Commonly Used Anti-Rejection Drug Could be Repurposed to Treat Some Liver Cancers
February 1, 2019
Research from the University of Pittsburgh School of Medicine
in animal models and patient tissues has identified a new molecular pathway in the liver that suggests a commonly used anti-rejection medication could be repurposed to treat certain liver cancers.
“What we’ve found is that liver cancers with a specific mutation in the β-catenin gene are possibly more susceptible to rapamycin, a commonly used anti-rejection medication in transplantation,” said Satdarshan Monga, MD, professor of pathology and the founding director of the Pittsburgh Liver Research Center
at Pitt’s School of Medicine and senior author of the study published in Cell Metabolism
. “We think this gives us a new precision medicine approach to develop therapies for liver cancer, which often are very resistant to treatment.”
The current study began when Monga and his team made a serendipitous observation that a ring of cells surrounding the central vein, a blood vessel found within the liver, showed high levels of a protein called mTOR. The active mTOR protein, a nutrition and energy sensor central to cellular metabolism, was found in the same cells where β-catenin was known to be active.
Approximately 20 to 35 percent of liver cancers have a β-catenin mutation, but there is little understanding of how and why these mutations could be aiding the growth of cancerous cells. So, when Monga found similarly high levels of active mTOR in β-catenin mutated liver cancers, he wondered whether the two proteins could be functionally linked.
To trace the source of mTOR activation, the scientists created a mouse model of liver cancer in which they genetically mutated β-catenin, along with another gene called Met, specifically in liver cells. These mice developed liver cancers that were genetically very similar to those seen in humans.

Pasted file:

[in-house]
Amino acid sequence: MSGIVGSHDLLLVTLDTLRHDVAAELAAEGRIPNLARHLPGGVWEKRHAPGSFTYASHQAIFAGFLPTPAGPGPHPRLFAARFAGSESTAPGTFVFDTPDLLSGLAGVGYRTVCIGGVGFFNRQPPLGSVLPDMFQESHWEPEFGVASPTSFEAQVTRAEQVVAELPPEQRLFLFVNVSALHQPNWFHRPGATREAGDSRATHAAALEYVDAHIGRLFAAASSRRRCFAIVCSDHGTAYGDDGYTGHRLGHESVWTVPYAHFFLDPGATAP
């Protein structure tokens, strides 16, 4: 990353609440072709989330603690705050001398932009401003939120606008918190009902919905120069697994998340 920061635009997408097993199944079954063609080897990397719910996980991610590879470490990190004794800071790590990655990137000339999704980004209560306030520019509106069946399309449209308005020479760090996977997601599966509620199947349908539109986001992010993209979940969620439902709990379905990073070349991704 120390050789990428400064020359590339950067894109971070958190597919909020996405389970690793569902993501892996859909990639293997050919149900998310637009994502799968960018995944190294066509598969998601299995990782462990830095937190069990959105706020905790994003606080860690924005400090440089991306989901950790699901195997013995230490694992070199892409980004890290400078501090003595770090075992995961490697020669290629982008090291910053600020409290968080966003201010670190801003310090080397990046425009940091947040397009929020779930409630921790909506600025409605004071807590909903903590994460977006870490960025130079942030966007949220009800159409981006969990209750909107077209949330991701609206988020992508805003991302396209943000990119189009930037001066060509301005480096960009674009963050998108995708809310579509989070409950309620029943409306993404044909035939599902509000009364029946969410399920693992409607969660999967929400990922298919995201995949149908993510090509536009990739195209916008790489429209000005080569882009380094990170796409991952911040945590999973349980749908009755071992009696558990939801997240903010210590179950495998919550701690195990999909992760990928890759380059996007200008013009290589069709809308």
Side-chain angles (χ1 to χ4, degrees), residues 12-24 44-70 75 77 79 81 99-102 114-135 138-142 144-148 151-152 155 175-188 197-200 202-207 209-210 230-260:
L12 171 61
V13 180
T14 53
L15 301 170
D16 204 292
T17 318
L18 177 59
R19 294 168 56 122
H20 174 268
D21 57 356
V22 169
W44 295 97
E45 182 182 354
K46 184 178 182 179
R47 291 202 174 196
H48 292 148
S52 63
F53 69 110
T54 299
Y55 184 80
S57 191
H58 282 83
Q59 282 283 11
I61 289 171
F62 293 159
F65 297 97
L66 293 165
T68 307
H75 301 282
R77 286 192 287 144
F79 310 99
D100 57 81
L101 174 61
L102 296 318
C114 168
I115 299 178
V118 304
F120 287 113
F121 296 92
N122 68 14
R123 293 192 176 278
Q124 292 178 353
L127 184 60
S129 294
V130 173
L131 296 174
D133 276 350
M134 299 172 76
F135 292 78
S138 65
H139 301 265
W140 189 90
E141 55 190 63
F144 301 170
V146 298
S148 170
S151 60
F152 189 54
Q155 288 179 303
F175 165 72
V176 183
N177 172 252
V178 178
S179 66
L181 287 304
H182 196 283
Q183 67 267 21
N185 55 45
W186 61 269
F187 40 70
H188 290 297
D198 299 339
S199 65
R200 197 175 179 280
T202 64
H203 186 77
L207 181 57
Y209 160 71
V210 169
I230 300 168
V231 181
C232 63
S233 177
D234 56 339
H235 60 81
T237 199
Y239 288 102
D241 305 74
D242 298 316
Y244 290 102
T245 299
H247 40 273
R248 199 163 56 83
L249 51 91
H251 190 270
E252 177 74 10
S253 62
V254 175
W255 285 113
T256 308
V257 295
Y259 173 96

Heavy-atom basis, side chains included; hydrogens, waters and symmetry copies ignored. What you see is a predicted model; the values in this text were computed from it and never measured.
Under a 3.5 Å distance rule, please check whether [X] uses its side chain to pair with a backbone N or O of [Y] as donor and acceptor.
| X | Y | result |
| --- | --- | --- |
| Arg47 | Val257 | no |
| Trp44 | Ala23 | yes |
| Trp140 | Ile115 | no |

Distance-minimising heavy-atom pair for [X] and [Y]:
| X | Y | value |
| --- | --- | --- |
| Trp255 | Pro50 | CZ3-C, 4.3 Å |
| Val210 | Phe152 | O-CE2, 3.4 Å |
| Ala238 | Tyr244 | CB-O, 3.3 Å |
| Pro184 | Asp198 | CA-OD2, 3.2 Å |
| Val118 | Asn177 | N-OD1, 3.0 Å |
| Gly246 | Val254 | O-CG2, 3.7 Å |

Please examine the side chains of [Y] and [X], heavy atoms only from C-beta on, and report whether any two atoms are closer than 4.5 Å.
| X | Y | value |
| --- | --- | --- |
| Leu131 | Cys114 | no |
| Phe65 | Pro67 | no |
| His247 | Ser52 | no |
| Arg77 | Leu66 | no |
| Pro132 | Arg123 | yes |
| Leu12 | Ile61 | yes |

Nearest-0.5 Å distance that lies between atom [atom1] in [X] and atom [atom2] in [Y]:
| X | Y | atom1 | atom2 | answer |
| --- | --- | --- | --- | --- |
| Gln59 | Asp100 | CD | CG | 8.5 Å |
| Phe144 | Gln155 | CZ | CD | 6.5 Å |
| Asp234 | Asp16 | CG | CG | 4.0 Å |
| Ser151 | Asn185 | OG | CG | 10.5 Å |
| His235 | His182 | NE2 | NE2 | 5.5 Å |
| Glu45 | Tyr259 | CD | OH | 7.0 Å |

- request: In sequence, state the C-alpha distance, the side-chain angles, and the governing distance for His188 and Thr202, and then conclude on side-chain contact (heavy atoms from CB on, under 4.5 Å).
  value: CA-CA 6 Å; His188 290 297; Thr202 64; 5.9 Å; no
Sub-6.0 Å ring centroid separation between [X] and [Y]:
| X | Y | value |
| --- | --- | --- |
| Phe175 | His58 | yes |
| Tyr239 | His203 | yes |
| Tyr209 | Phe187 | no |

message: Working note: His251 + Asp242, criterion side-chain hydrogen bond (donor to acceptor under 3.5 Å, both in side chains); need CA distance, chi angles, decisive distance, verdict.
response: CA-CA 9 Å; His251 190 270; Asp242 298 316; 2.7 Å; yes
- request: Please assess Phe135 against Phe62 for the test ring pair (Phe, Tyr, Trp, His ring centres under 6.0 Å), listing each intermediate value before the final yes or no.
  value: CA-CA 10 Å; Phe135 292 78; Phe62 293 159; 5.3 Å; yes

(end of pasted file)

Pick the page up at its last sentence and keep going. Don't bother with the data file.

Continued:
Starting with increased mTOR activation, they followed the molecular breadcrumbs in these mice to show that β-catenin activated mTOR through an intermediate enzyme called glutamine synthase (GS). This molecular pathway was linked to energy intake, as fast-growing cancer cells, which consume more energy than normal cells, showed higher activity of GS and mTOR.
“I like to say these tumors are mTOR addicted,” said Monga, who also is an investigator at the McGowan Institute of Regenerative Medicine
and the UPMC Hillman Cancer Center
. “Activating mTOR kicks up the protein-making factories in these cells, giving them the resources to divide and grow.”
When the genetically modified mice were fed rapamycin – an immunosuppressant that inhibits mTOR – the tumors decreased in size, and when they added another drug that inhibited Met, the tumors were almost completely killed, showing that mTOR played an important role in helping these tumors grow.
The researchers note that a previous clinical trial in patients with liver cancer did not find a significant benefit for rapamycin, but the new findings suggest that perhaps if the pool were limited to patients with β-catenin mutations and mTOR-addicted tumors, the treatment would have been more successful.
“Current liver cancer therapies increase the likelihood of survival only by 3 or 4 months, so taking a precision medicine approach to identify the right patient could allow us to repurpose existing drugs to improve treatment success,” Monga said.
Beyond treating liver cancer, the study also points to ways in which we could reduce the risk of cancer recurrence in some patients undergoing liver transplant.
“While transplant patients are prescribed either rapamycin or a different immunosuppressant, those that have β-catenin mutated and mTOR-addicted tumors might benefit from using rapamycin as the preferred anti-rejection medication. We hope to conduct clinical trials in the near future to test rapamycin both in treating liver cancer and to prevent its recurrence in patients receiving liver transplants,” Monga said.
A complete listing of all the study authors can be found in the online article
The study was funded by National Institutes of Health
grants 1R01DK62277, 1R01DK100287, 1R01DK116993, T32CA186873, R01CA204586; and the German Research Foundation, DFG
through SFB 974.
Monga received grant funding and served as a consultant to Abbvie and Dicerna but did not have any competing financial interests directly relevant to the current study.